Sun, 14 Aug 2022

At least 46 people were found dead after being abandoned in a tractor-trailer on a remote back road in San Antonio in the latest tragedy to claim the lives of migrants smuggled across the border from Mexico to the US Sixteen people were hospitalised, including four children.

A city worker heard a cry for help from the truck shortly before 6pm Monday and discovered the gruesome scene, San Antonio Police Chief William McManus said. Hours later, body bags lay spread on the ground near the trailer and bodies remained inside as authorities responded to the calamity.

San Antonio Mayor Ron Nirenberg said the 46 people who had died had "families who were likely trying to find a better life".

"This is nothing short of a horrific human tragedy," Nirenberg said.

At least 22 Mexicans were among the migrants found dead, Mexican President Andres Manuel Lopez Obrador said Tuesday, as he put the total number of fatalities at 50.

"It's a tremendous misfortune ... so far there are 50 dead: 22 from Mexico, seven from Guatemala, two from Honduras and 19 still without information about their nationality," the Mexican leader said at a morning press conference.

It's among the deadliest of the tragedies that have claimed thousands of lives in recent decades as people attempt to cross the US border from Mexico. Ten migrants died in 2017 after being trapped inside a truck parked at a Walmart in San Antonio. In 2003, the bodies of 19 migrants were found in a sweltering truck southeast of San Antonio.

The home countries of all of the migrants and how long they were abandoned on the side of the road were not immediately known.

"Our condolences," Roberto Velasco Alvarez, head of the North America department in Mexico's foreign relations department, said on Twitter. "All responsible will be brought to justice."

US President Joe Biden has been briefed on the "heartbreaking" deaths of the migrants, the White House said Tuesday.

"We're closely monitoring the absolutely horrific and heartbreaking reports out of San Antonio, Texas," White House Press Secretary Karine Jean-Pierre told reporters aboard Air Force One en route to the NATO summit in Madrid.

"The president has been briefed," she said.

Busy area for border crossings

South Texas has long been the busiest area for illegal border crossings. Migrants ride in vehicles through border patrol checkpoints to San Antonio, the closest major city, from which point they disperse across the United States.

Officers arrived to find a body on the ground outside the trailer and a partially opened gate to the trailer. Three people were taken into custody, but it was unclear if they were definitively connected with human trafficking, McManus said. The trailer was gone Tuesday morning, but access to the area where it was found remained blocked.

Of the 16 taken to hospitals with heat-related illnesses, 12 were adults and four were children, said San Antonio Fire Chief Charles Hood. The patients were hot to the touch and dehydrated, and no water was found in the trailer, he said.

"They were suffering from heat stroke and exhaustion," Hood said. "It was a refrigerated tractor-trailer, but there was no visible working AC unit on that rig."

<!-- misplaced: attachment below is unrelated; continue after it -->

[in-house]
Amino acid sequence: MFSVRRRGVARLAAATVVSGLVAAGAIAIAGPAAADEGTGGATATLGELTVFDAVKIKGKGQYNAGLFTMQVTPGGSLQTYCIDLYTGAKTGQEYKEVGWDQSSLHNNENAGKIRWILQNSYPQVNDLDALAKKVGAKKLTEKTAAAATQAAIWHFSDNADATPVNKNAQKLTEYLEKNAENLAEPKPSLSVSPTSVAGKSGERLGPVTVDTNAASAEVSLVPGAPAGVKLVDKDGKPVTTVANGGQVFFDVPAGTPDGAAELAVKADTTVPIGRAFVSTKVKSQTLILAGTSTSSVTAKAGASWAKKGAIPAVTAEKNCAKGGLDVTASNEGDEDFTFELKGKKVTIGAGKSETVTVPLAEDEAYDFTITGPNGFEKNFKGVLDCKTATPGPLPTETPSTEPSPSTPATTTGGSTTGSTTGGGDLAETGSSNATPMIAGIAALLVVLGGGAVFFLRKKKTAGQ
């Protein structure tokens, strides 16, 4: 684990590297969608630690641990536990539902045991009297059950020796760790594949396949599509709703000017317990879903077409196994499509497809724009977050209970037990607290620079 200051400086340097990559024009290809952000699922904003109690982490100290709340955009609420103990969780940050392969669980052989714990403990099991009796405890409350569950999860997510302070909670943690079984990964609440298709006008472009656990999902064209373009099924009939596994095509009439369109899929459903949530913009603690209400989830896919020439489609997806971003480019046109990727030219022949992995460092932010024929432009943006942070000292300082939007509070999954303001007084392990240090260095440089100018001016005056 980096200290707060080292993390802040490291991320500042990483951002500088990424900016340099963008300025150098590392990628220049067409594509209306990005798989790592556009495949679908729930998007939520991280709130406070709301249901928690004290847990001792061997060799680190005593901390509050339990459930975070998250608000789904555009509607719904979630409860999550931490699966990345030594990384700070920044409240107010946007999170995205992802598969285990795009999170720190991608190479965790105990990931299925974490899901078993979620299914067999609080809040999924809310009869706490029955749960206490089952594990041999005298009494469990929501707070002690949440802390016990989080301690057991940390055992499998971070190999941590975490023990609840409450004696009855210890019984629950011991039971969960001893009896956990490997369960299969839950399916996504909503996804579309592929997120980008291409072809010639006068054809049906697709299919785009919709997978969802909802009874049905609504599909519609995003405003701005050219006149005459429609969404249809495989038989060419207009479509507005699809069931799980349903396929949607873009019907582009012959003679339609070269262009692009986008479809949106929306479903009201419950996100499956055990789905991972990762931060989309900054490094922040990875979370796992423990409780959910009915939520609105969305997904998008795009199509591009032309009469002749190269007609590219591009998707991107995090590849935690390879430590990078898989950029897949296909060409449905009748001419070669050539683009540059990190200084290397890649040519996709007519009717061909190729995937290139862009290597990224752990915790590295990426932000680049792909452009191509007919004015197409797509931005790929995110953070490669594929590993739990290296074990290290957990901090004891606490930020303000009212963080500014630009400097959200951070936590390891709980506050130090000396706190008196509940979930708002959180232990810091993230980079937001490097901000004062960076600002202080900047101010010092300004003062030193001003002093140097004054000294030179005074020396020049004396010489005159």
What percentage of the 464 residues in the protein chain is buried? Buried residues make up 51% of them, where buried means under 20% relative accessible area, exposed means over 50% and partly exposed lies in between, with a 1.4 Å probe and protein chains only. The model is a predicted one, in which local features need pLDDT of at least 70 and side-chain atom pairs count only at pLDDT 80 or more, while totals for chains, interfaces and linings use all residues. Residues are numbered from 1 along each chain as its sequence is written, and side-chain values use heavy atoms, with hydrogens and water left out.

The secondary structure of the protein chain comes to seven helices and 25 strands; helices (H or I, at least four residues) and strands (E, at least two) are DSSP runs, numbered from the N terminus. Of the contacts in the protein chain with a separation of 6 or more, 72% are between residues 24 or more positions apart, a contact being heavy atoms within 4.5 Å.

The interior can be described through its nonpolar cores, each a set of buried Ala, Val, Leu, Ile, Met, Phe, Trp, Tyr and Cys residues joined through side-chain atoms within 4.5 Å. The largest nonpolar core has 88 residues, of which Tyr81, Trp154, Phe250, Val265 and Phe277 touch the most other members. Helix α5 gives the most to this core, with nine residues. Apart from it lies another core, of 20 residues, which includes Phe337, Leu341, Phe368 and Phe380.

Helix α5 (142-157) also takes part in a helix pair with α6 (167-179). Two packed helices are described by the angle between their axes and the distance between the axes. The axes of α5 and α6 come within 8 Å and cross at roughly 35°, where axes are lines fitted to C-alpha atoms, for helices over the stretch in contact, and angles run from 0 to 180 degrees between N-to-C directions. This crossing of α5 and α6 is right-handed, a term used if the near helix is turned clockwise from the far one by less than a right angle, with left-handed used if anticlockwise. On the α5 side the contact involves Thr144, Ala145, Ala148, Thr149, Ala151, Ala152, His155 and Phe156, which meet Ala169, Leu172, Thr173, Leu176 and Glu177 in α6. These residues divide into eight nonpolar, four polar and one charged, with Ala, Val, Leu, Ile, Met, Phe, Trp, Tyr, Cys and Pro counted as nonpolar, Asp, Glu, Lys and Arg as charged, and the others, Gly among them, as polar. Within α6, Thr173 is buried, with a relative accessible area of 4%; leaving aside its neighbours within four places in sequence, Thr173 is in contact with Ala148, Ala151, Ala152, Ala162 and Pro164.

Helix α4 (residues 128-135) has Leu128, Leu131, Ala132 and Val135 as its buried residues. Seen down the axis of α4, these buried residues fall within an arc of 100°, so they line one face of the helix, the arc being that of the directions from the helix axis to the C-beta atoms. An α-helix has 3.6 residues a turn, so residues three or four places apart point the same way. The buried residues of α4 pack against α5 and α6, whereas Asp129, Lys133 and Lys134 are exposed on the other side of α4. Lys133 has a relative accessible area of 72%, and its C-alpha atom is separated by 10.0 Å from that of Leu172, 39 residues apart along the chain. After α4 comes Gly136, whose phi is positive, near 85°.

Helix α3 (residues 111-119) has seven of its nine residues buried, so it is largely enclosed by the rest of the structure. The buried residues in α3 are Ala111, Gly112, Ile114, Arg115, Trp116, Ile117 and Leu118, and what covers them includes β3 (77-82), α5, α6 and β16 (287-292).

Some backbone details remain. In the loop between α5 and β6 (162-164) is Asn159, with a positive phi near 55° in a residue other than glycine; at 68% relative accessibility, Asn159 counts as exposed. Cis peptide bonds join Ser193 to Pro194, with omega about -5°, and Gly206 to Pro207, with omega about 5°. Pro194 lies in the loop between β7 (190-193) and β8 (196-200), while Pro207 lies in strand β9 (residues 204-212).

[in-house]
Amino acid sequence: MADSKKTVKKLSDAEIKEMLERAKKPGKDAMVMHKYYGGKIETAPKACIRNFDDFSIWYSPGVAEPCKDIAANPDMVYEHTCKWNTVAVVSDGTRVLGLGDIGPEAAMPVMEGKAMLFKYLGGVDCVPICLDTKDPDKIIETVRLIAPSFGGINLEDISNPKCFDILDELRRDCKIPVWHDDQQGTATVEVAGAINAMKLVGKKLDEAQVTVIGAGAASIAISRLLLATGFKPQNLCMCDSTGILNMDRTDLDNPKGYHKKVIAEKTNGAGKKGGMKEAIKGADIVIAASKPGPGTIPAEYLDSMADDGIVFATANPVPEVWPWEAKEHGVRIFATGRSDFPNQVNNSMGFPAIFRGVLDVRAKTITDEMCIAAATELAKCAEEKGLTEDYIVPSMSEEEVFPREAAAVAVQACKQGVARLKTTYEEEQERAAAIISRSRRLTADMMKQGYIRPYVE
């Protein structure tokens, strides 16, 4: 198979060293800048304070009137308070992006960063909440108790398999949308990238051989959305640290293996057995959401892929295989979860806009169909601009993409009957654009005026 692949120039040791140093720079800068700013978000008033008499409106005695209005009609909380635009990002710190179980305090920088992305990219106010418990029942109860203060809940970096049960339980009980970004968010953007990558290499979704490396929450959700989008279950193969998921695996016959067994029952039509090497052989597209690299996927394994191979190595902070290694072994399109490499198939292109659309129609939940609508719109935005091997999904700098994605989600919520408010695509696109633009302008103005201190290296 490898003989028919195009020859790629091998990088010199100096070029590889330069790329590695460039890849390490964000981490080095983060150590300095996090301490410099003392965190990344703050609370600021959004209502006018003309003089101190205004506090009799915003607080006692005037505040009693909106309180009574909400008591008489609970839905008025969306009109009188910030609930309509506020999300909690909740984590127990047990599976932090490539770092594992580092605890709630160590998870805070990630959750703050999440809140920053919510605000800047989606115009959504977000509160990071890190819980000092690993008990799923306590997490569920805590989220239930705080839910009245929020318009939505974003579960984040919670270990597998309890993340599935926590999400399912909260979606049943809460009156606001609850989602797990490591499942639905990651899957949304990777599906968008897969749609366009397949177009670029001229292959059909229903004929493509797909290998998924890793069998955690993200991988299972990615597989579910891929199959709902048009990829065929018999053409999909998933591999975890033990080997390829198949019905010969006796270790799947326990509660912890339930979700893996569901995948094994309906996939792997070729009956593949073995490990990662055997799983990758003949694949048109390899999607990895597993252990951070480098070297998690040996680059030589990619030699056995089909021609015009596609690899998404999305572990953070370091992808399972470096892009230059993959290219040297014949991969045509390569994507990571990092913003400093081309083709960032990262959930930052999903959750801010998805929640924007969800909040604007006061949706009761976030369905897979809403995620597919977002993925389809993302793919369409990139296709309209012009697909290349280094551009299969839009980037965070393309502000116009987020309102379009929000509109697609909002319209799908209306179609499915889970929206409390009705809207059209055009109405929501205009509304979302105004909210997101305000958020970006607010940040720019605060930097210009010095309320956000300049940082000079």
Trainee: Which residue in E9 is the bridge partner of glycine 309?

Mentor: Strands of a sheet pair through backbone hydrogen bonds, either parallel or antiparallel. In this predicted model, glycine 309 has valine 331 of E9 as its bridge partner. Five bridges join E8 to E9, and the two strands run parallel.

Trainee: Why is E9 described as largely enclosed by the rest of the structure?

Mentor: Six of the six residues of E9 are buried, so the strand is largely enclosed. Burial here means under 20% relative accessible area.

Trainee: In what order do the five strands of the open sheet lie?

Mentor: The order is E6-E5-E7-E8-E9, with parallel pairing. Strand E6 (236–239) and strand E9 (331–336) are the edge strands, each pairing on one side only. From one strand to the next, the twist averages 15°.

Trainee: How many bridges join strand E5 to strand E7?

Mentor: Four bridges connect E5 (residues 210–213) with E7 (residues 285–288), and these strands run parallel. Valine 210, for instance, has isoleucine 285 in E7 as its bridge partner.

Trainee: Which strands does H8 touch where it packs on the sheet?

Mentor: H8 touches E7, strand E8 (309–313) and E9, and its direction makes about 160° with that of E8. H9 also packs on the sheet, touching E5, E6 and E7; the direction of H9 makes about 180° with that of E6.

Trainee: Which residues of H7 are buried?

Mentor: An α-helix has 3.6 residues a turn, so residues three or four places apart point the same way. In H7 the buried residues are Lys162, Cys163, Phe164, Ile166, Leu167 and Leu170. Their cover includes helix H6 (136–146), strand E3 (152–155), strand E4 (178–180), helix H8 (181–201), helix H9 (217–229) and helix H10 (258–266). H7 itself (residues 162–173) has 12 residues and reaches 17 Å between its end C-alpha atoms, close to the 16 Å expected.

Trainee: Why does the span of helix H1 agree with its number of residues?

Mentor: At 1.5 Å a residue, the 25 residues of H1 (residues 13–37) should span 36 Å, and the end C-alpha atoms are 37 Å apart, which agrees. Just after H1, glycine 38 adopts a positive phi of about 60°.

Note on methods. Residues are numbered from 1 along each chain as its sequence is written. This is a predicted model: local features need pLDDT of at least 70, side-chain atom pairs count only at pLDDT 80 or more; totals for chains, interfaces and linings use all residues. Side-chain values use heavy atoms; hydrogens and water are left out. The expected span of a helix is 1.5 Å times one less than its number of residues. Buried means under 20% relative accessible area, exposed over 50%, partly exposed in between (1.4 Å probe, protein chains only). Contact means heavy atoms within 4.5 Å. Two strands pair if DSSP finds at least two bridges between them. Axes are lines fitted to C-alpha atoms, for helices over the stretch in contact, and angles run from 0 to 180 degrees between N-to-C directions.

Those in the trailer were part of a presumed attempt to smuggle migrants into the United States, and the investigation was being led by US homeland security investigations, McManus said.

Big rigs emerged as a popular smuggling method in the early 1990s amid a surge in US border enforcement in San Diego and El Paso, Texas, which were then the busiest corridors for illegal crossings.

Before that, people paid small fees to mom-and-pop operators to get them across a largely unguarded border. As crossing became exponentially more difficult after the 2001 terror attacks in the US, migrants were led through more perilous terrain and paid thousands of dollars more.

Heat danger

Heat poses a serious danger, particularly when temperatures can rise severely inside vehicles. Weather in the San Antonio area was mostly cloudy Monday, but temperatures approached 38 degrees Celsius (100 degrees Fahrenheit).

Some advocates drew a link to the border policies of Biden's administration. Aaron Reichlin-Melnick, policy director at the American Immigration Council, wrote that he had been dreading such a tragedy for months.

"With the border shut as tightly as it is today for migrants from Mexico, Guatemala, Honduras and El Salvador, people have been pushed into more and more dangerous routes. Truck smuggling is a way up," he wrote on Twitter.

Texas Governor Greg Abbott, a Republican running for re-election, was blunt in a tweet about the Democratic president: "These deaths are on Biden. They are a result of his deadly open border policies."

Migrants - largely from Mexico, Guatemala, Honduras and El Salvador - have been expelled more than 2 million times under a Covid 19 pandemic-era rule in effect since March 2020 that denies them a chance to seek asylum but encourages repeat attempts because there are no legal consequences for getting caught.

US Customs and Border Protection (CBP) reported 557 deaths on the southwest border in the 12-month period ending September 30, more than double the 247 deaths reported in the previous year and the highest since it began keeping track in 1998. Most are related to heat exposure.

CBP has not published a death tally for this year but said that the border patrol performed 14,278 "search-and-rescue missions" in a seven-month period through May, exceeding the 12,833 missions performed during the previous 12-month period and up from 5,071 the year before.

(FRANCE 24 with AP and REUTERS)

Originally published on France24

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